Cookies on this website
We use cookies to ensure that we give you the best experience on our website. If you click 'Continue' we'll assume that you are happy to receive all cookies and you won't see this message again. Click 'Find out more' for information on how to change your cookie settings.
Skip to main content

Background: Oral anticoagulants substantially reduce the risk of stroke in atrial fibrillation but are underutilised in current practice. Aim: To measure the distribution of stroke risk in patients with atrial fibrillation (using the CHADS2 and CHA2DS2-VASc scores) and changes in oral anticoagulant use during 2007-2010. Design and setting: Longitudinal series of cross-sectional survey in 583 UK practices linked to the QResearch® database providing 99 351 anonymised electronic records from people with atrial fibrillation. Method: The proportion of patients in each CHADS2 and CHA2DS2-VASc risk band in 2010 was calculated; for each of the years 2007-2010, the proportions with risk scores ≥2 that were using anticoagulants or antiplatelet agents were estimated. The proportions identified at high risk were re-estimated using alternative definitions of hypertension based on coded data. Finally, the prevalence of comorbid conditions in treated and untreated high-risk (CHADS2 ≥2) groups was derived. Results: The proportion at high risk of stroke in 2010 was 56.9% according to the CHADS2 ≥2 threshold, and 84.5% according to CHA2DS2-VASc ≥2 threshold. The proportions of these groups receiving anticoagulants were 53.0% and 50.7% respectively and increased during 2007-2010. The means of identifying the population of individuals with hypertension significantly influenced the estimated proportion at high risk. Comorbid conditions associated with avoidance of anticoagulants included history of falls, use of nonsteroidal anti-inflammatory drugs, and dementia. Conclusion: Oral anticoagulant use in atrial fibrillation has increased in UK practice since 2007, but remains suboptimal. Improved coding of hypertension is required to support systematic identification of individuals at high risk of stroke and could be assisted by practice-based software. ©British Journal of General Practice.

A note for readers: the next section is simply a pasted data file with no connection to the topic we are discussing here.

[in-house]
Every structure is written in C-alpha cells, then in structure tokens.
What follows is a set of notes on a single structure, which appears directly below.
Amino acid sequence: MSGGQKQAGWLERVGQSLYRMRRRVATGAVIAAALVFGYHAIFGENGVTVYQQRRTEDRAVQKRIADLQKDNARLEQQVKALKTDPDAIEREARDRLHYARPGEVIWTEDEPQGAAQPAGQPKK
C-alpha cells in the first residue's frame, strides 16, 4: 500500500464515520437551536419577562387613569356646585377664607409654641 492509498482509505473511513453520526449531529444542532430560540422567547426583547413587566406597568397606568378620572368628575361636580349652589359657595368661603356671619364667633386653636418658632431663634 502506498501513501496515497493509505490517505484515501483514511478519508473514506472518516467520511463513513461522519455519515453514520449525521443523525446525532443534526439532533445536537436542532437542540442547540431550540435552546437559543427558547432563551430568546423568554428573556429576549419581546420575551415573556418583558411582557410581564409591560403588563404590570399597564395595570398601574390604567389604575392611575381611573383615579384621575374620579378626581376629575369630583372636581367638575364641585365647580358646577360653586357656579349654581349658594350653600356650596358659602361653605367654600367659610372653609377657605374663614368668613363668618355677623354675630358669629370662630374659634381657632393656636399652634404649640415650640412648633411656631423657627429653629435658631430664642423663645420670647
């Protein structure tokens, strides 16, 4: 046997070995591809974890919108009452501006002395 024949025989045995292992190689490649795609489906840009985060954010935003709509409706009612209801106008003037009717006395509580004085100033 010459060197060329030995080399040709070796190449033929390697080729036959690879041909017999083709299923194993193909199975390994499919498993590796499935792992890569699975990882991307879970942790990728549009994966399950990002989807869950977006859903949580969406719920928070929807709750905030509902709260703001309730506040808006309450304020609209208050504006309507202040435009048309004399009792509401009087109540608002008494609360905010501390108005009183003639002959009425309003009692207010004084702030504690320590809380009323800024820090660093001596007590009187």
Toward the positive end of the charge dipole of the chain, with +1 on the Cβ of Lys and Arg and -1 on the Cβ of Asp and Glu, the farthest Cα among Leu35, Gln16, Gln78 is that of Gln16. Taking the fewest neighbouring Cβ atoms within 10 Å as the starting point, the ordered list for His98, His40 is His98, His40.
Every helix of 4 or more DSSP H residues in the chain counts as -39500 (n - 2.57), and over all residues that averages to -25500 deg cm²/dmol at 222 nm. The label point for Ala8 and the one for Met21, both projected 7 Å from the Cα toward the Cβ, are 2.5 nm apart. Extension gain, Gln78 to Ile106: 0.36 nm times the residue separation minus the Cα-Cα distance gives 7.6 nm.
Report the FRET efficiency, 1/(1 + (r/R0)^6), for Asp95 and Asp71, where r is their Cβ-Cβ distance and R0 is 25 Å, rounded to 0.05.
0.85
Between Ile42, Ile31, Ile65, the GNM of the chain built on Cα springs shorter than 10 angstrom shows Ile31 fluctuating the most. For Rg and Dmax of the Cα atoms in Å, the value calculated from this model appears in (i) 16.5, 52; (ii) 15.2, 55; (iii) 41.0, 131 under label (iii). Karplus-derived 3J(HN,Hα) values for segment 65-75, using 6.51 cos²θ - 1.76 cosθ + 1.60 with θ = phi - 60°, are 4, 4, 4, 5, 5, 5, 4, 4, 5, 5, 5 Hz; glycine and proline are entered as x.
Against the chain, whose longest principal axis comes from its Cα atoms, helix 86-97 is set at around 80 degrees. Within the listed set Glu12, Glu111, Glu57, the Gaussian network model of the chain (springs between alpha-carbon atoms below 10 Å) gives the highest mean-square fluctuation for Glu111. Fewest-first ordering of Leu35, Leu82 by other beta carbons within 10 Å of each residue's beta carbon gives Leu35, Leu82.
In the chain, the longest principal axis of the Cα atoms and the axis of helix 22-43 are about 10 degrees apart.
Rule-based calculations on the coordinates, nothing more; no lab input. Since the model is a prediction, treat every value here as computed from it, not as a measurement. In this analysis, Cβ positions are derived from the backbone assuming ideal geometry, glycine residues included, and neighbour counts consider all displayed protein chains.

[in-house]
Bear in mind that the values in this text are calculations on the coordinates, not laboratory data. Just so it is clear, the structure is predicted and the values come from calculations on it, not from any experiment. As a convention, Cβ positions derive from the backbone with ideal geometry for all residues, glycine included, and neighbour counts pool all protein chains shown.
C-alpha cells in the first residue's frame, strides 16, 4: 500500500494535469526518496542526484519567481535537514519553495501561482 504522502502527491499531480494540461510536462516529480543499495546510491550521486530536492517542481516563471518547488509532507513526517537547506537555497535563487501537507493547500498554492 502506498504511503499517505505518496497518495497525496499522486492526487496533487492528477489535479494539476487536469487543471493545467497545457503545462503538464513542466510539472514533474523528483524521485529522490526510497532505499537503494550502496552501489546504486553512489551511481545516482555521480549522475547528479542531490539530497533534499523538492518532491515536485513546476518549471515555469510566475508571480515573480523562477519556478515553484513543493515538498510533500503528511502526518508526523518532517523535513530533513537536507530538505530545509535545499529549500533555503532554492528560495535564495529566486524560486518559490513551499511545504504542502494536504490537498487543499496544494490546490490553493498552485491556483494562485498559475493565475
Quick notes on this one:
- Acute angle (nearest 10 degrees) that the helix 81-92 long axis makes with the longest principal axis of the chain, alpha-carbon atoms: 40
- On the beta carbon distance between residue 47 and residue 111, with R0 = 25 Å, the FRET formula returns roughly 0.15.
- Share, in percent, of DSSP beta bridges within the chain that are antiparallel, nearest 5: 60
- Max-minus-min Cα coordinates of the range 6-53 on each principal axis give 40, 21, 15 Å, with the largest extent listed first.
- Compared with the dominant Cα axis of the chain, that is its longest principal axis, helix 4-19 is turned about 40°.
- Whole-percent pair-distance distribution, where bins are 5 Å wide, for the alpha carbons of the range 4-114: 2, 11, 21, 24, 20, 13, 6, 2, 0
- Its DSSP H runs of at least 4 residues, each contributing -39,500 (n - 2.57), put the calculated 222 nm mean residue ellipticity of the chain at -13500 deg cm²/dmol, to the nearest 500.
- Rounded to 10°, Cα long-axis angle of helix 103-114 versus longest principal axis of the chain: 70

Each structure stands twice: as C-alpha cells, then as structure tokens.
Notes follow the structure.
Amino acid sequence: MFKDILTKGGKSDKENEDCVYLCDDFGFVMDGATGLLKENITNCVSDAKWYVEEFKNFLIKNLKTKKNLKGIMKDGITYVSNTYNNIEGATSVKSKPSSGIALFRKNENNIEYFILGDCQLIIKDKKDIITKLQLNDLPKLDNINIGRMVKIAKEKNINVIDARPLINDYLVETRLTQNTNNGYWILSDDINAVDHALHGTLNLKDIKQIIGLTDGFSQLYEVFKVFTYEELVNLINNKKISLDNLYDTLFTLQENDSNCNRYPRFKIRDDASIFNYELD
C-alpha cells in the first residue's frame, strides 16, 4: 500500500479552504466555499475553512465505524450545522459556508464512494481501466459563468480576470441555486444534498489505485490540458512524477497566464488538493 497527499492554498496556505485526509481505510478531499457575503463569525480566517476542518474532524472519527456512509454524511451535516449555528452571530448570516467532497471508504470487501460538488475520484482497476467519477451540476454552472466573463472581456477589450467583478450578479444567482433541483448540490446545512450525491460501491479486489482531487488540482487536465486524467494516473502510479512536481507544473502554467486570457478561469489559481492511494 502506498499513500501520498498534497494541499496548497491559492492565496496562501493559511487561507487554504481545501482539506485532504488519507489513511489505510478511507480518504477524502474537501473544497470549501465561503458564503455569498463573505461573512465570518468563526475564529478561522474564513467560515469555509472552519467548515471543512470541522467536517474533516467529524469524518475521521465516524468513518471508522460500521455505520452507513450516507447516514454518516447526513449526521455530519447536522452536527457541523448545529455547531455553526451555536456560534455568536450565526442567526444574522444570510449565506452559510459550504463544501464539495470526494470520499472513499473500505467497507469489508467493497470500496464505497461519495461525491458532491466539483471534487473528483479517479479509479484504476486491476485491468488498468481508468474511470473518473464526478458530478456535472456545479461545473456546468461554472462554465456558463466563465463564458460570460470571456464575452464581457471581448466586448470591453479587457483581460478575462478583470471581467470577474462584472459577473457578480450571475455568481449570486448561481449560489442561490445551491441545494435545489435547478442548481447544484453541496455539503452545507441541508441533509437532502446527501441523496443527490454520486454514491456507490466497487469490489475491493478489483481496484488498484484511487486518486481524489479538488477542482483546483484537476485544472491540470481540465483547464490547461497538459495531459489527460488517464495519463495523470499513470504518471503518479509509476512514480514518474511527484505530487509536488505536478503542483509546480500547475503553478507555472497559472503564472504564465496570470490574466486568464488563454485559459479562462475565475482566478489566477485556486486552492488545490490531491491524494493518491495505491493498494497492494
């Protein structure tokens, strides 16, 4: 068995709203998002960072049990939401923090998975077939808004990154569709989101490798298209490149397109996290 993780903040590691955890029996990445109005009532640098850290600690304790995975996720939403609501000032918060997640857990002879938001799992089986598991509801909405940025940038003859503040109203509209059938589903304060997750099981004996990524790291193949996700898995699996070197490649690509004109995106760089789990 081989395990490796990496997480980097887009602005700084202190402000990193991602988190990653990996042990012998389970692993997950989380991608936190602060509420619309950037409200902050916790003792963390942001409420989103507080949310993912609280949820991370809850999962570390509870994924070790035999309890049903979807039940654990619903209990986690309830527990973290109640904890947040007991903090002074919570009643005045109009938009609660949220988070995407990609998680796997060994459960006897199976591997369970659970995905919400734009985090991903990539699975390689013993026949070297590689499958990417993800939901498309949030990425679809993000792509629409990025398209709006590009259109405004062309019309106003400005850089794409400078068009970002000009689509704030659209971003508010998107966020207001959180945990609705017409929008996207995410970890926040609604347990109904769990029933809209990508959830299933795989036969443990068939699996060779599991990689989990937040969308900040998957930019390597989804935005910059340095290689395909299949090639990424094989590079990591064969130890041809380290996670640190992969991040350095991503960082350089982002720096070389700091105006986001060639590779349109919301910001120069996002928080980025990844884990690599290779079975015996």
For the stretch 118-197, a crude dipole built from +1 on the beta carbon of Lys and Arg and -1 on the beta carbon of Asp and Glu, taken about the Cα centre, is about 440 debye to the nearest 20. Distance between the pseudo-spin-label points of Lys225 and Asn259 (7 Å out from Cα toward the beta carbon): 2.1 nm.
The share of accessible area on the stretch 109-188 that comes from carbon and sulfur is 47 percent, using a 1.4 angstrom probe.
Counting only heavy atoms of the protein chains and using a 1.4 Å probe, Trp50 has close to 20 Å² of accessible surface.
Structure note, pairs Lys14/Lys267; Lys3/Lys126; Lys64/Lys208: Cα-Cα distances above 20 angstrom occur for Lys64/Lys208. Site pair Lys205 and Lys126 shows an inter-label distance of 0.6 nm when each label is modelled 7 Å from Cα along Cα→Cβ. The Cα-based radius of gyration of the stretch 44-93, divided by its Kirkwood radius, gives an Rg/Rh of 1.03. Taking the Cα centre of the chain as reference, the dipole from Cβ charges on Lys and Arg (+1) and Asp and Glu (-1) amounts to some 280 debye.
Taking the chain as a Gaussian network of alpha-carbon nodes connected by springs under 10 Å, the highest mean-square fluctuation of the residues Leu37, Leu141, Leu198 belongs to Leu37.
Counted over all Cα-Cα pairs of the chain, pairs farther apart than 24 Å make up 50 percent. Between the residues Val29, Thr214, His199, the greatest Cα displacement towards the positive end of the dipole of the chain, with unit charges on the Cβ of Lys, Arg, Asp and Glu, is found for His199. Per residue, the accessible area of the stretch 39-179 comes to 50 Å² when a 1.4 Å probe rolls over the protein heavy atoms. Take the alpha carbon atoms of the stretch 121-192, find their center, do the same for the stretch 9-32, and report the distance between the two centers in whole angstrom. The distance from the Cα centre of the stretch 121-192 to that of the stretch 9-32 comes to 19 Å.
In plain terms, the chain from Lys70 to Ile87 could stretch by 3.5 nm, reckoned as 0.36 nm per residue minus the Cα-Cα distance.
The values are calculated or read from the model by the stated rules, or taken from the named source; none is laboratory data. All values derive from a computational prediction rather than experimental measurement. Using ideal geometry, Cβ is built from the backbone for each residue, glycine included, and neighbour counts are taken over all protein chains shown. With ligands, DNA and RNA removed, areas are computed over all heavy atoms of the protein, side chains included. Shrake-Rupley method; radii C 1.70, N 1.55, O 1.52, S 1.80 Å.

Original publication




Journal article


British Journal of General Practice

Publication Date